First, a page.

tv dinners

watercooler chat about what’s on TV and what you had for dinner last night

Archive for January 2008

The weekend that was

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The One and Only

Carrie and David Grant are back. They must be great friends with one of the Programming Directors at BBC, landing another singing reality show, this time a complete remake of Stars in their Eyes, with an added audience vote. The ‘twist’ is that the other impersonators vote to save one from the bottom two, hmm what does that remind you of? Fame Academy, what a coincidence. Graham Norton can’t save this – infact, maybe Stars in their Eyes wouldn’t even work today, now that everyone and their dog can get a hit single out of Naff factor, the quaint enthusiasm of those contestants is nowhere to be seen.

10 things you didn’t know about…Tsunamis

Dr Iain Stewart, of the series ‘Earth, power of the planet’ fame is back on BBC4 doing a 3 part cable-feel’Earth, power of the planet’ top 10 series.

When graphics were used to show how these massive waves form and move, or their causes – eg subaqua tectonic activity – the shift in the sea floor from the meagquake responsible for the Boxing Day tsunami that created two huge cliffs – then the show was truly interesting.

The rest of it was filler, as is any top 10, the worst of these number 3, the mysterious Hindu temples that apparently were seen just before the Boxing Day tsunami struck the Indian coast, then were covered again in water, forever. This just doesn’t make sense – why can’t we scan the surface for the pyramid shaped temples? Why can’t we see them? How is it scientists can find the exact point where the megaquake occurred but can’t find huge structures only a few kilometres off shore? I feel cheated.


Well you should be watching this brilliant drama already, but incase you aren’t, start now. This outstrips the prime time BBC detective/drama on offer by a mile, but as is the BBC’s wont, they don’t like to show American series on BBC1 until after 10, then half way through the run will probably change the timeslot, or make it even later.

Glenn Close and Ted Danson are dangerous characters, one manipulative lawyer, one corporate thief, they both play with the lives of anyone involved in trying the case against Arthur Frobisher (Danson). No mercy makes for a great storyline and frankly, makes Monday less depressing. Roll on 10.30pm.

You can catch up on old episodes with

Harry Hill’s TV Burp

Hmm after watching the last two episodes I’m afraid, The Soup, on E! is still better. The jokes are more adult and actually mock our popular culture as it is in 2008.

Harry Hill himself is funny, but the genuinely clever clip leadins are the best thing about the show, the food fights and other lame jingles have no momentum, why not just bring back Shark Infested Custard and do a kids version instead?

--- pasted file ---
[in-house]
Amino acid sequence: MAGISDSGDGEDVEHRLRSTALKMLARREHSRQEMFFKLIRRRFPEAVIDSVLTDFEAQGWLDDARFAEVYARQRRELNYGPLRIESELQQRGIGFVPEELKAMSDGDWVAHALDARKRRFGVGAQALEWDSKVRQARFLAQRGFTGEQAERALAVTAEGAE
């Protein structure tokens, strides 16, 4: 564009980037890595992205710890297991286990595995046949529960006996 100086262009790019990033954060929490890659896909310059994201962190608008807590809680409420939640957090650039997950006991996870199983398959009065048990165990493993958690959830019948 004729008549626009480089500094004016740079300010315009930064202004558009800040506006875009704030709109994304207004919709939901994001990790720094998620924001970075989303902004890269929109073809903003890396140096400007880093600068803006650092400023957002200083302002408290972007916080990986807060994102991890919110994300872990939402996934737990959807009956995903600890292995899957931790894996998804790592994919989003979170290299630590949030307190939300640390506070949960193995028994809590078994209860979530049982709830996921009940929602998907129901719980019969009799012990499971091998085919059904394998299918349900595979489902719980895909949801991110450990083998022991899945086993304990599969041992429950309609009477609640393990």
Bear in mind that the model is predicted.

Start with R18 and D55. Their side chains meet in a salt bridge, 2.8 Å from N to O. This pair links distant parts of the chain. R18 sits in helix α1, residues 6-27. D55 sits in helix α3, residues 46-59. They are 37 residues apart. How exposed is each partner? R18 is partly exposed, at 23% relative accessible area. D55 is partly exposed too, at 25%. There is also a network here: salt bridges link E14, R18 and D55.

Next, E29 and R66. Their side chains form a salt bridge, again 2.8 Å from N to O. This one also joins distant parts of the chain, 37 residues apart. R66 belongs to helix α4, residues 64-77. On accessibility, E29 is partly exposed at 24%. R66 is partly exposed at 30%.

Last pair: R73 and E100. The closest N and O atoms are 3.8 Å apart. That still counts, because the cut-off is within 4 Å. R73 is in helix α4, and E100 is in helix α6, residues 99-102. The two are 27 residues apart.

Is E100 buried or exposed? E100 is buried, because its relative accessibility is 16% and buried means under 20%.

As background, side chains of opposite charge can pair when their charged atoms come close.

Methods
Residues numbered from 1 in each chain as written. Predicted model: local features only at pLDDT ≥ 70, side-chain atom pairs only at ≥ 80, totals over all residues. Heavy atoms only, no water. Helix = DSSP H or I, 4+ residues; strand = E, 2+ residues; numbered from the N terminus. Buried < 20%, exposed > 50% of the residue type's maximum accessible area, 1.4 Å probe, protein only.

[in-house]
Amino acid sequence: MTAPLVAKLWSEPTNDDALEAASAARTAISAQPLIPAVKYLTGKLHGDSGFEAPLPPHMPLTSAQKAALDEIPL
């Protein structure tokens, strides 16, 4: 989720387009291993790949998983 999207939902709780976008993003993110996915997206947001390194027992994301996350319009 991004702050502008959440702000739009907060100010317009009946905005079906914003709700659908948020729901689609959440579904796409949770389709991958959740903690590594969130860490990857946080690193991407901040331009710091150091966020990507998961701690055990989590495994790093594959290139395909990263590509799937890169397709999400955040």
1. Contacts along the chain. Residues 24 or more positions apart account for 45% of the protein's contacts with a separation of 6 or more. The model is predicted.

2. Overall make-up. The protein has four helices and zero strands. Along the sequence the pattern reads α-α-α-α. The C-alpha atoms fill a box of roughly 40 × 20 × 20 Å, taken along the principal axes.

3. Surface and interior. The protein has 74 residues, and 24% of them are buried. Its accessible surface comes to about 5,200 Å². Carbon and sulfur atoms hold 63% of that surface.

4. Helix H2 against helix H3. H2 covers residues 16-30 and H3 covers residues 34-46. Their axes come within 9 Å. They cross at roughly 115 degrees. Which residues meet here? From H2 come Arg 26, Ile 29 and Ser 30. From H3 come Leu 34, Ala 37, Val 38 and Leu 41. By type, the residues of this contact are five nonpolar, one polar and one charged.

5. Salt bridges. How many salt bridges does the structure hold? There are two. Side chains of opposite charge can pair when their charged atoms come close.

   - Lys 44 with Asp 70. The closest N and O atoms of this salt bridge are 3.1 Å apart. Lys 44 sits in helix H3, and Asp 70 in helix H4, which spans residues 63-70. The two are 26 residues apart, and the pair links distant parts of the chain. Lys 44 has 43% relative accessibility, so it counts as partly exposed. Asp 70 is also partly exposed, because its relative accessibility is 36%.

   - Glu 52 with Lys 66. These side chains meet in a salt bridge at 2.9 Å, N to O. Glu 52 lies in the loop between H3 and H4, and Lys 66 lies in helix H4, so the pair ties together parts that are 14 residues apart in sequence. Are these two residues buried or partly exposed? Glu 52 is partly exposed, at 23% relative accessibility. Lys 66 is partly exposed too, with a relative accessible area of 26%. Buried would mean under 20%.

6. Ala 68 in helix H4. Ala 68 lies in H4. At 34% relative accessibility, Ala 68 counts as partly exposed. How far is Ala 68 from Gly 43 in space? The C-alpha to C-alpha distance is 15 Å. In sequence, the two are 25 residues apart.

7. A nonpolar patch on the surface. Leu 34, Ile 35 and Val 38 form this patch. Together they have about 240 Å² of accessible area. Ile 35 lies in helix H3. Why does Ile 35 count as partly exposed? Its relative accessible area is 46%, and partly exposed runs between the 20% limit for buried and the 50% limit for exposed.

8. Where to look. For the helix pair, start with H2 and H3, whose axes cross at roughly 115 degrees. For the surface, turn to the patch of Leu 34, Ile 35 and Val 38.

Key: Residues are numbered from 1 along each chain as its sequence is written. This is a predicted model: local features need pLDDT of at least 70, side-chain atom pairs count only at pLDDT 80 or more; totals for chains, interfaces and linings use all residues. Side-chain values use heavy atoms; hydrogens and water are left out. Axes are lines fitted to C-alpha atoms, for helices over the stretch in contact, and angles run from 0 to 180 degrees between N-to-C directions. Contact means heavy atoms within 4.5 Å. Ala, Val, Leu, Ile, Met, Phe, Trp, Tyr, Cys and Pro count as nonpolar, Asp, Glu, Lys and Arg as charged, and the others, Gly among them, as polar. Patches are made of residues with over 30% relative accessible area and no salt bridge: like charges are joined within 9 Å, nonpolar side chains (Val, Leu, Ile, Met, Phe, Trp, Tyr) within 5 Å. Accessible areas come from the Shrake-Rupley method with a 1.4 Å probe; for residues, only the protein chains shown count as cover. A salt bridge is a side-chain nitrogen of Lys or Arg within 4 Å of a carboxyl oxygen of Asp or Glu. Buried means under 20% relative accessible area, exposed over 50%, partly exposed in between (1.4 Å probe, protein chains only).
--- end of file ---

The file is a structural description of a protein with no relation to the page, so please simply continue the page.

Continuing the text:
Harry is so in with the shows he’s ‘mocking’ that he can get the Bill, Richard and Judy, Emmerdale actors to get in on the jokes. This doesn’t sit well and means Harry gets carried away with elaborate jokes that aren’t as funny as three more quick fire clips would be. I’m sure there’s enough material on ITV and 4 without the insider edition, but hey, maybe Harry just wants everyone to like him.

Written by Victoria

January 28, 2008 at 2:43 pm

Posted in TV

The Soup

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Even if you don’t get the E! channel there’s now no excuse. The Soup, America’s best cynical cheap shot at reality and celebrity TV is now online each week.

It used to be called Talk Soup in the early 90’s when I watched it and was hosted by Greg Kinnear, who went on to get an Oscar nomination for As Good as it Gets and more recently, from Little Miss Sunshine. Then it focussed more on the chat shows, Jerry Springer etc.

The Soup, however, is at the zenith of weird (reality) TV programming and there’s so much crap and hilarity in pop culture at the moment that Joel McHale, the presenter and co-writer deliver a weekly show worth taping or tracking down – which you wouldn’t really think was a goer. E! tried to do a UK version in 2006 with Iain Lee, which was awful as he has none of McHale’s charm and EastEnder clips can’t really compete with Brett Michael’s Rock of Love for material.

From Whitney Houston’s “Kiss my ass” (the Hey Jude of clips), to the cancelled Viva Laughlin, the show loved by hundreds, to coverage of the Beckhams, Oprah’s Va-Jay-Jay, What your boyfriend is looking at, Iron Chef America and Chat Stew.

It’s on E! every Saturday night. But go now to see best of and recent clips on the E! site or a condensed version on Yahoo! – it’s all exclamation points!

Written by Victoria